Tuesday, December 28, 2010

True Love


Written by: Ally Condie

Released: November 30, 2010 by Dutton Juvenile

Summary: Cassia has always trusted the Society to make the right choices for her: what to read, what to watch, what to believe. So when Xander's face appears on-screen at her Matching ceremony, Cassia knows with complete certainty that he is her ideal mate . . . until she sees Ky Markham's face flash for an instant before the screen fades to black.

The Society tells her it's a glitch, a rare malfunction, and that she should focus on the happy life she's destined to lead with Xander. But Cassia can't stop thinking about Ky, and as they slowly fall in love, Cassia begins to doubt the Society's infallibility and is faced with an impossible choice: between Xander and Ky, between the only life she's known and a path that no one else has dared to follow.

I’m not entirely sure why, but the idea of having your perfect match decided for you is something that greatly intrigues me. I guess that with society being as large as it is today, there’s always that worry of not finding yours. But while I like the idea, I couldn’t live in a society like Cassia’s. The world that she lives in is too corrupt under the surface and straining to maintain a hold over something larger than life and its perfect facade.

This book was a little Uglies and a little The Giver with its base ideas but it was all originally put together on the whole.

I wasn’t sure going into it whether or not I would like this book. It intrigued me, to be sure, but with all the hype surrounding it, it was a little daunting to read. However, I didn’t put it off as much as I thought it would; but I think that has a lot to do with wanting to read more 2010 debuts before the end of the year. (As it stands, I think I have 7 left on my shelf...)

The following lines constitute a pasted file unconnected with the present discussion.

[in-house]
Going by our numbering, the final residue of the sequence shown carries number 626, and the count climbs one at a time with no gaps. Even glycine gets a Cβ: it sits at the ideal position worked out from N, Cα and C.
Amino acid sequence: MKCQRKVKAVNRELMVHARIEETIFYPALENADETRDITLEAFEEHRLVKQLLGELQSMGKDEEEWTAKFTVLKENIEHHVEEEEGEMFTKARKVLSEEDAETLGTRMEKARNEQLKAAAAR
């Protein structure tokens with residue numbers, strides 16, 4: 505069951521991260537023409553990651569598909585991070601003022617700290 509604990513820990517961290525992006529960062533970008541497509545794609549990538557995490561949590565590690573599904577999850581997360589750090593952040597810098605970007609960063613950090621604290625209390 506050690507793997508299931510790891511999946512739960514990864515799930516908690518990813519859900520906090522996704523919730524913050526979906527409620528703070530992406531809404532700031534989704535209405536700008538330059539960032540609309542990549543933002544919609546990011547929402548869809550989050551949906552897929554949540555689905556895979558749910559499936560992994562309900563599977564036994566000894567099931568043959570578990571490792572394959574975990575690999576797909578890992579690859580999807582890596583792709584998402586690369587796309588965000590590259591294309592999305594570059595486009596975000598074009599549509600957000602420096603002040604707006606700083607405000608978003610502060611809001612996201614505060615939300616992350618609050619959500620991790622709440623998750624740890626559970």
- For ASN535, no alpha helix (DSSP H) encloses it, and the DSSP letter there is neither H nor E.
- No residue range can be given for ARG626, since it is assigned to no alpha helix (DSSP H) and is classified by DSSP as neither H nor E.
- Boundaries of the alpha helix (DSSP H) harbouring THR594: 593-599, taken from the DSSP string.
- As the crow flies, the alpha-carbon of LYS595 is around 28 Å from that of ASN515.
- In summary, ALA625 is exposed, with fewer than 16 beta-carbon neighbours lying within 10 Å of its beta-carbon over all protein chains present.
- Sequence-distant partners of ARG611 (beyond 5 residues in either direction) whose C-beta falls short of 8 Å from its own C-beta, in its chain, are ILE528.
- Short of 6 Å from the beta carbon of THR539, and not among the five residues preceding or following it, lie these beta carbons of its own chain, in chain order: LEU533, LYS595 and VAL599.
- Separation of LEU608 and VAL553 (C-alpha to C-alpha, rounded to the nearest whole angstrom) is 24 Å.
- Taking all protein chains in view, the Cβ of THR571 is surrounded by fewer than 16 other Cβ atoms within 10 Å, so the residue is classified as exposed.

Cassia was a character who I thought really came into herself throughout the progress of the novel. She was able to overcome the hold that her society had her though is still having to play the game in order to survive. After all, in dystopian novels like this (At least I would consider it dystopian. It’s certainly not my idea of a utopia), playing the game is how you stay alive and fight to overcome the tyranny that rules. Her love triangle with Ky and Xander was one that’s as old as time and has been played out many times before. I’m not sure what will happen or who she ends up with, but at time point in time I’m hoping that it’s Ky; he deserves happiness.

I thought that this was a great novel to start off a series that follows in the footsteps of the likes of Scott Westerfeld and Suzanne Collins. I can’t wait to read the next novel in this trilogy (or series, I’m not sure which). There were so many events set into motion and so many questions unanswered that I can only imagine that the following books are going to be better than this with more action, romance, and adventure. I’m giving it a solid 7/10.

1 comment:

The Happy Booker said...

Wonderful review. I'm reading this one right now and I'm really enjoying it. The concept of being matched that way intrigued me as well and is what made me really want to read this. Even the love triangle aspect to this book didn't have me rolling my eyes the way these things usually do in other YA books. I was a little unsure also as to whether this would be classified as dystopian or utopian, but you're right, certainly not my idea of utopia.